Encouragement for the Journey
Greetings Fellow Traveller,†
I write this on the tenth day of the search for Malaysian Airlines plane Flight 370. Like many others around the world, I am sure you have your own ideas and theories of what may have happened to the plane. It is important to remember that while we may speculate on what occurred on board Flight 370, we do not yet know or fully understand. Alongside this we can only barely imagine what it must be like for the families and friends of the passengers and crew, living with not knowing, whether their loved one is dead or alive.
A question I have repeatedly asked myself since the plane went missing, is how would I react if I had a loved one on that particular flight? I am not sure how I would react. For who can predict the intense human responses to a catastrophic event such as this?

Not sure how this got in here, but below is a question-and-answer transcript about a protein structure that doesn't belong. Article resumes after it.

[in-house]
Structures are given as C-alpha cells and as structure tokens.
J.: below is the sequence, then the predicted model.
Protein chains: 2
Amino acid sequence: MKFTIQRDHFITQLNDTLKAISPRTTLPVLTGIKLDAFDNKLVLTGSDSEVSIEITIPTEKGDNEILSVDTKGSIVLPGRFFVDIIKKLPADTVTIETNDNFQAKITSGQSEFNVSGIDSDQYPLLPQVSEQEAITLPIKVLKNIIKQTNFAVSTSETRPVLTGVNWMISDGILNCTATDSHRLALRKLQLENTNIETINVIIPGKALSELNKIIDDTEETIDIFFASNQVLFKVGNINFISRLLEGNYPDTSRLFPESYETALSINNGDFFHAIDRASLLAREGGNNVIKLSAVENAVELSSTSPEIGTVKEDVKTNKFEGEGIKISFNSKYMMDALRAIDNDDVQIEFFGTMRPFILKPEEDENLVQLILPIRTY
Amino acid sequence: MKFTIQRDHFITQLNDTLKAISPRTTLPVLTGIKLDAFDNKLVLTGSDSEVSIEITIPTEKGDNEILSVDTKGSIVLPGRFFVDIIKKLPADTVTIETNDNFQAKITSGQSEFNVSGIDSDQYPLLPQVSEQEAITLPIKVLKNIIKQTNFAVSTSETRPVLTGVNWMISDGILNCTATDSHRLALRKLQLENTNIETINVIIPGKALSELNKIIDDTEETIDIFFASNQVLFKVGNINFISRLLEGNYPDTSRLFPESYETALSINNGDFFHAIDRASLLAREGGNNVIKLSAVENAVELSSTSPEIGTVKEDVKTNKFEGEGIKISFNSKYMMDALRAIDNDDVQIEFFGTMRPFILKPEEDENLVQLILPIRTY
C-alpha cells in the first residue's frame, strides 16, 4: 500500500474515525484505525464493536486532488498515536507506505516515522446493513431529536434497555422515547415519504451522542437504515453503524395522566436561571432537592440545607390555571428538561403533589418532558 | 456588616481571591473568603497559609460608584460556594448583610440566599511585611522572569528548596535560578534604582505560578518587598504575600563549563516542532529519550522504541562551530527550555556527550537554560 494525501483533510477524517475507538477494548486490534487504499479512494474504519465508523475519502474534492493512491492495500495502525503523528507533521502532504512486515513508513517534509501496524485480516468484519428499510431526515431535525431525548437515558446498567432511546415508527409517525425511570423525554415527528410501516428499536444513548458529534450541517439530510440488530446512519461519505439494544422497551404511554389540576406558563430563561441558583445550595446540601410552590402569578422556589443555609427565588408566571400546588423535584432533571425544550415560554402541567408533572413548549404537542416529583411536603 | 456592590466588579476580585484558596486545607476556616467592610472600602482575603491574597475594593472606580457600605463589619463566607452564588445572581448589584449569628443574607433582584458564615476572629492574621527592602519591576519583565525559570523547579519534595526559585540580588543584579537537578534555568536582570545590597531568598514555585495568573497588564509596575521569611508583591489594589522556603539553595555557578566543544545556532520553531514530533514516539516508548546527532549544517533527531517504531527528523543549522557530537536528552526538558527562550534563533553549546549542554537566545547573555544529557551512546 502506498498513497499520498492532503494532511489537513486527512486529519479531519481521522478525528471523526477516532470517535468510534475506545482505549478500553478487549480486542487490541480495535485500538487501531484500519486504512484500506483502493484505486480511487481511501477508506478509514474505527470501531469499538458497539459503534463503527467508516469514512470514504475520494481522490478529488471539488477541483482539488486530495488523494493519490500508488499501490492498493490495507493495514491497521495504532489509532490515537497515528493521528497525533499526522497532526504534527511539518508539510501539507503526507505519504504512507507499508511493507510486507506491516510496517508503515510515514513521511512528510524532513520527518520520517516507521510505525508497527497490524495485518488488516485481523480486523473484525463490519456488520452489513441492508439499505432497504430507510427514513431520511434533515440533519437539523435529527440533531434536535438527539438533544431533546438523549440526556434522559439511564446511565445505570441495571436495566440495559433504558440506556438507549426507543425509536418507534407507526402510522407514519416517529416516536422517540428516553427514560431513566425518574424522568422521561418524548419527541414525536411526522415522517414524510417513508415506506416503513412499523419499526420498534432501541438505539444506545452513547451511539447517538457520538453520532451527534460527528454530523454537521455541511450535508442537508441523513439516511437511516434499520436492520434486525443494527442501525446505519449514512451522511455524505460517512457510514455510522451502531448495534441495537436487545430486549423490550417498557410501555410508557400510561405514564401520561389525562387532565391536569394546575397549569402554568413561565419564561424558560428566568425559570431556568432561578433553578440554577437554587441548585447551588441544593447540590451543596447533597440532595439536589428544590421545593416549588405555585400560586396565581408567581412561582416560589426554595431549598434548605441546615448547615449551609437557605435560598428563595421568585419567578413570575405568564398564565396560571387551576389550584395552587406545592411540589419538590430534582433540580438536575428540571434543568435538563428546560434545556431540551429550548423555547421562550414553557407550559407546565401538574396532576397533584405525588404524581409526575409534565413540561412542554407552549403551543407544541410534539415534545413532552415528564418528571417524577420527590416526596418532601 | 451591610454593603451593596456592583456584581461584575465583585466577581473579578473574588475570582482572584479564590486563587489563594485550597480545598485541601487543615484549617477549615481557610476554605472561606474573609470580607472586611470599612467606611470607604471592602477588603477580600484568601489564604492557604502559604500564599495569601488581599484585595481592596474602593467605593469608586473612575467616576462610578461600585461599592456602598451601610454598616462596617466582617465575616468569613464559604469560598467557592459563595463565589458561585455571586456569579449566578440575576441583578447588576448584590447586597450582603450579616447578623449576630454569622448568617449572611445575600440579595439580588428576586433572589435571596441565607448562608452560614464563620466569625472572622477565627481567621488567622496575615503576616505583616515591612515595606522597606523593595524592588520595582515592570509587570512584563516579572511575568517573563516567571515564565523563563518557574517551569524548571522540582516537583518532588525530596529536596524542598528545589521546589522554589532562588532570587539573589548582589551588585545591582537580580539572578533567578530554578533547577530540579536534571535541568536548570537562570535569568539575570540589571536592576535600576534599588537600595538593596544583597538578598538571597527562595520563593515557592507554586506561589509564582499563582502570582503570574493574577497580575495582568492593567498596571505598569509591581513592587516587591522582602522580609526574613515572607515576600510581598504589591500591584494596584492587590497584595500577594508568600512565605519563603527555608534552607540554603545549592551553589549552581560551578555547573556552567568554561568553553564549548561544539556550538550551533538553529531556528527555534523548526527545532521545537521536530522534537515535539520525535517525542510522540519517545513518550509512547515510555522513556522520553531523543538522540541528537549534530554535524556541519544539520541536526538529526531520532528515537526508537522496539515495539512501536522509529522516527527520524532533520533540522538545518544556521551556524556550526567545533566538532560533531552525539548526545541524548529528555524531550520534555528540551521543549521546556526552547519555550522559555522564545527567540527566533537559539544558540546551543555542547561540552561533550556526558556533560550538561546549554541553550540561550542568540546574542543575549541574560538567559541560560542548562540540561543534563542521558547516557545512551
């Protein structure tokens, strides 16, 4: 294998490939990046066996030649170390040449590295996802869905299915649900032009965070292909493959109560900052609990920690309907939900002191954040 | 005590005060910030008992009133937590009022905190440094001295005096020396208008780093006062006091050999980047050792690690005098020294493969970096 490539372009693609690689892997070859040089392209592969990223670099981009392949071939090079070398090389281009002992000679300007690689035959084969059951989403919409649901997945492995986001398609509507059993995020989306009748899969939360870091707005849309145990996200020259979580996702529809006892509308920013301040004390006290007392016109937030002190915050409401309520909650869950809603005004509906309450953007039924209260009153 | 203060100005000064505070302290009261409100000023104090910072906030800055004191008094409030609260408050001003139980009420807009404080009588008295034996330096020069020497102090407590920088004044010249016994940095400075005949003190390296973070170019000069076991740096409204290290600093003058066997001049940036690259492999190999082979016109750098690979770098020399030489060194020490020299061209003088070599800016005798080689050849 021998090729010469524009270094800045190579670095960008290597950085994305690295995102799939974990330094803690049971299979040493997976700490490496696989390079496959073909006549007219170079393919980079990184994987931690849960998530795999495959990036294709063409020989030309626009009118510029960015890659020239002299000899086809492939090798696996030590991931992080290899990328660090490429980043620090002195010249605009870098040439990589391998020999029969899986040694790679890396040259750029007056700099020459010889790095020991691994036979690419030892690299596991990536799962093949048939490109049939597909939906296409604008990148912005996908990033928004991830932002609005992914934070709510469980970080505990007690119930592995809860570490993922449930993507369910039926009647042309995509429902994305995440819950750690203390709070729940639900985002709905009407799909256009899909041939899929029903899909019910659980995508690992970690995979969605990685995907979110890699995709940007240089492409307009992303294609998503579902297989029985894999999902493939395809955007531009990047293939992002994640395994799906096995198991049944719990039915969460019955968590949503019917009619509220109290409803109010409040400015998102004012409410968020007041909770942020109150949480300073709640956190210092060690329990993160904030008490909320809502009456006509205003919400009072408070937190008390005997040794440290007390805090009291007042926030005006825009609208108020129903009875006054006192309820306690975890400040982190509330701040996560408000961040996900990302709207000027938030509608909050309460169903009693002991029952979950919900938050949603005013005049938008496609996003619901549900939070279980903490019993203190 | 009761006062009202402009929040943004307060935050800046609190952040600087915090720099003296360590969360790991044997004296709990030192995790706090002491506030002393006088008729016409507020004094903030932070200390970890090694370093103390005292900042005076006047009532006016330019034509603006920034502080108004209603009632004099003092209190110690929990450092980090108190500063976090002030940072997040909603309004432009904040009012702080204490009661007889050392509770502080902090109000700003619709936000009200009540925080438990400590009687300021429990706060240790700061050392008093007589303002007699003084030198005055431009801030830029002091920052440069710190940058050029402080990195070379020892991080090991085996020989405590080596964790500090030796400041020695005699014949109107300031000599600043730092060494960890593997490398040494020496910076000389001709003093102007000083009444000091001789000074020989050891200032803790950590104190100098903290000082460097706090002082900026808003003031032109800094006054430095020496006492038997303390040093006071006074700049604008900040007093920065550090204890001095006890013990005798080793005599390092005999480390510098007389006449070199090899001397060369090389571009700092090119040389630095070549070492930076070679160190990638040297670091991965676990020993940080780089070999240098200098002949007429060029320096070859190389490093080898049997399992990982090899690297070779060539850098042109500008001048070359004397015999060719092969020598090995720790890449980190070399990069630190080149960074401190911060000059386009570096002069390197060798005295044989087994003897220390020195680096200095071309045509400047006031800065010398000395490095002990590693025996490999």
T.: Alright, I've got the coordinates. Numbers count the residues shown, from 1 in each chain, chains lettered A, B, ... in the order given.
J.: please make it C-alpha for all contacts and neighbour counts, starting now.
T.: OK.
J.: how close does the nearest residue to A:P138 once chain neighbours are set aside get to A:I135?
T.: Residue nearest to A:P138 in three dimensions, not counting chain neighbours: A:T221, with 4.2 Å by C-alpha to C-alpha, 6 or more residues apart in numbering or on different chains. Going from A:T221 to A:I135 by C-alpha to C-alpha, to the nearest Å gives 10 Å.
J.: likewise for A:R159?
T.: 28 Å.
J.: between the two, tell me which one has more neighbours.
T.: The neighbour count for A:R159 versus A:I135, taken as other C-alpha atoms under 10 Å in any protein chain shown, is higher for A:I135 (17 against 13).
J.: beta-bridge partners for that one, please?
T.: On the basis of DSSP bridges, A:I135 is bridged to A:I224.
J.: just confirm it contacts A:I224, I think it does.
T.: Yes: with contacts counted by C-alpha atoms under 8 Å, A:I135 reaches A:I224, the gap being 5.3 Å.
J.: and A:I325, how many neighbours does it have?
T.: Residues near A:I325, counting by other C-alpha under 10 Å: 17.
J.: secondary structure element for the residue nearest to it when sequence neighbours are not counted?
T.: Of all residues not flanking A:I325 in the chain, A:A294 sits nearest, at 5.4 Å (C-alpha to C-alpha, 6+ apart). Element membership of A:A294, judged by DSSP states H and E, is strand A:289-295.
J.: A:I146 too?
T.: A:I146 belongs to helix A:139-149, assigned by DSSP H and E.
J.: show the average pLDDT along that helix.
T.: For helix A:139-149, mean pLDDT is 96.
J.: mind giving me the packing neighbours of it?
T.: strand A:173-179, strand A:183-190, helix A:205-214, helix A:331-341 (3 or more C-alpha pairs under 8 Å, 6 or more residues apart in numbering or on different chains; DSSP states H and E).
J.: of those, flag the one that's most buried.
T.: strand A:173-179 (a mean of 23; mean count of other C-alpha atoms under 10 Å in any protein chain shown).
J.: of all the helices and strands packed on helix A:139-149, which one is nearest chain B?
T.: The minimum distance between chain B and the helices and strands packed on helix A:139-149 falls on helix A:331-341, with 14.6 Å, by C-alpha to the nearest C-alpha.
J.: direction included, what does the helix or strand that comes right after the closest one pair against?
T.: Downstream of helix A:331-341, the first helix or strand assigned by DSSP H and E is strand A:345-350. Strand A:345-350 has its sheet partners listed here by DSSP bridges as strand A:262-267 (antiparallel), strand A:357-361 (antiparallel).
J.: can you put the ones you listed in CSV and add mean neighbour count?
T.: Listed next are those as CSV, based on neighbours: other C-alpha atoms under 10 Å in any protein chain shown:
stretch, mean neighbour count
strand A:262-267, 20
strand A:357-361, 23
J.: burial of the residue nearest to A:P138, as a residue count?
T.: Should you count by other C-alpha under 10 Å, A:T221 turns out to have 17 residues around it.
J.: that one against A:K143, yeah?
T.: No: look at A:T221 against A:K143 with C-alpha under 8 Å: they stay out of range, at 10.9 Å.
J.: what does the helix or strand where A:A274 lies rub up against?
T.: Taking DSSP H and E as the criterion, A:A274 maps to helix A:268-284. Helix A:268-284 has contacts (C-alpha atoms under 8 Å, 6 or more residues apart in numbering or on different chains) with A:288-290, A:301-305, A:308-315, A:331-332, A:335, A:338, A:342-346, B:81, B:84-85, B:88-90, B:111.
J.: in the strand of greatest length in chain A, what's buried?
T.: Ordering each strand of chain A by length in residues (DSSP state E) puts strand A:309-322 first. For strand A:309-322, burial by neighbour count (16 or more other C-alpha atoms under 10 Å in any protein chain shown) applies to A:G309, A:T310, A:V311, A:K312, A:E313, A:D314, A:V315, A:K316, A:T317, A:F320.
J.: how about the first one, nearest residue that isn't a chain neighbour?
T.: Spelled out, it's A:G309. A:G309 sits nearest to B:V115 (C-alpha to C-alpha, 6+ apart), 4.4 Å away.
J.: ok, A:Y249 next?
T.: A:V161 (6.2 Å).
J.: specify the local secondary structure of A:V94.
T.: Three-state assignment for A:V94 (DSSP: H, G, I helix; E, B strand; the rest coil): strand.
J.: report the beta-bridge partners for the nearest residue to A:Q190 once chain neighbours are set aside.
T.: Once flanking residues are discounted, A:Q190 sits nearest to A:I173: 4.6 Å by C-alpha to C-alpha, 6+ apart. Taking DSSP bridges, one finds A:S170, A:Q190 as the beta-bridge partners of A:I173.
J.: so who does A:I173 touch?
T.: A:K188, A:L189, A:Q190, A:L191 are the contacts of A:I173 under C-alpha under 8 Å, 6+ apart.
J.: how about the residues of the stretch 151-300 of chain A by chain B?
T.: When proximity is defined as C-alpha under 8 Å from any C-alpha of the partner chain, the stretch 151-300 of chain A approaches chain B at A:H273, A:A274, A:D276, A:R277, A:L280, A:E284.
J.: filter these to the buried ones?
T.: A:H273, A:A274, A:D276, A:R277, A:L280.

To live with not knowing, is part of being human, some unfortunately experience this in varying degrees of intensity. I recall Fleur telling me how her mother during World War 2 waited five years not knowing if her husband who was a sailor on the HMS Prince of Wales was dead or alive. She eventually learnt he had been held a prisoner in a Japanese Prisoner of War of Camp for five years.
Much prayer has been offered, and who knows what effect this will have on this mystery and those who are intimately affected by the disappearance of Flight 370. You may well ask what more can we do? These eventsí surrounding this disappearance has reminded me to acquire understanding. Without understanding we will speculate. Understanding will also make a difference in our many interactions with others who we may meet on the journey. Understanding will lead us to compassion. This week I discovered this quote from William Blake:
If God is anything, he is understandingÖ.
Understanding is acquired by means of suffering or distress or experience.
Will, desire, pain, envy etc, are all natural. But understanding is acquired.
Meanwhile peace and understanding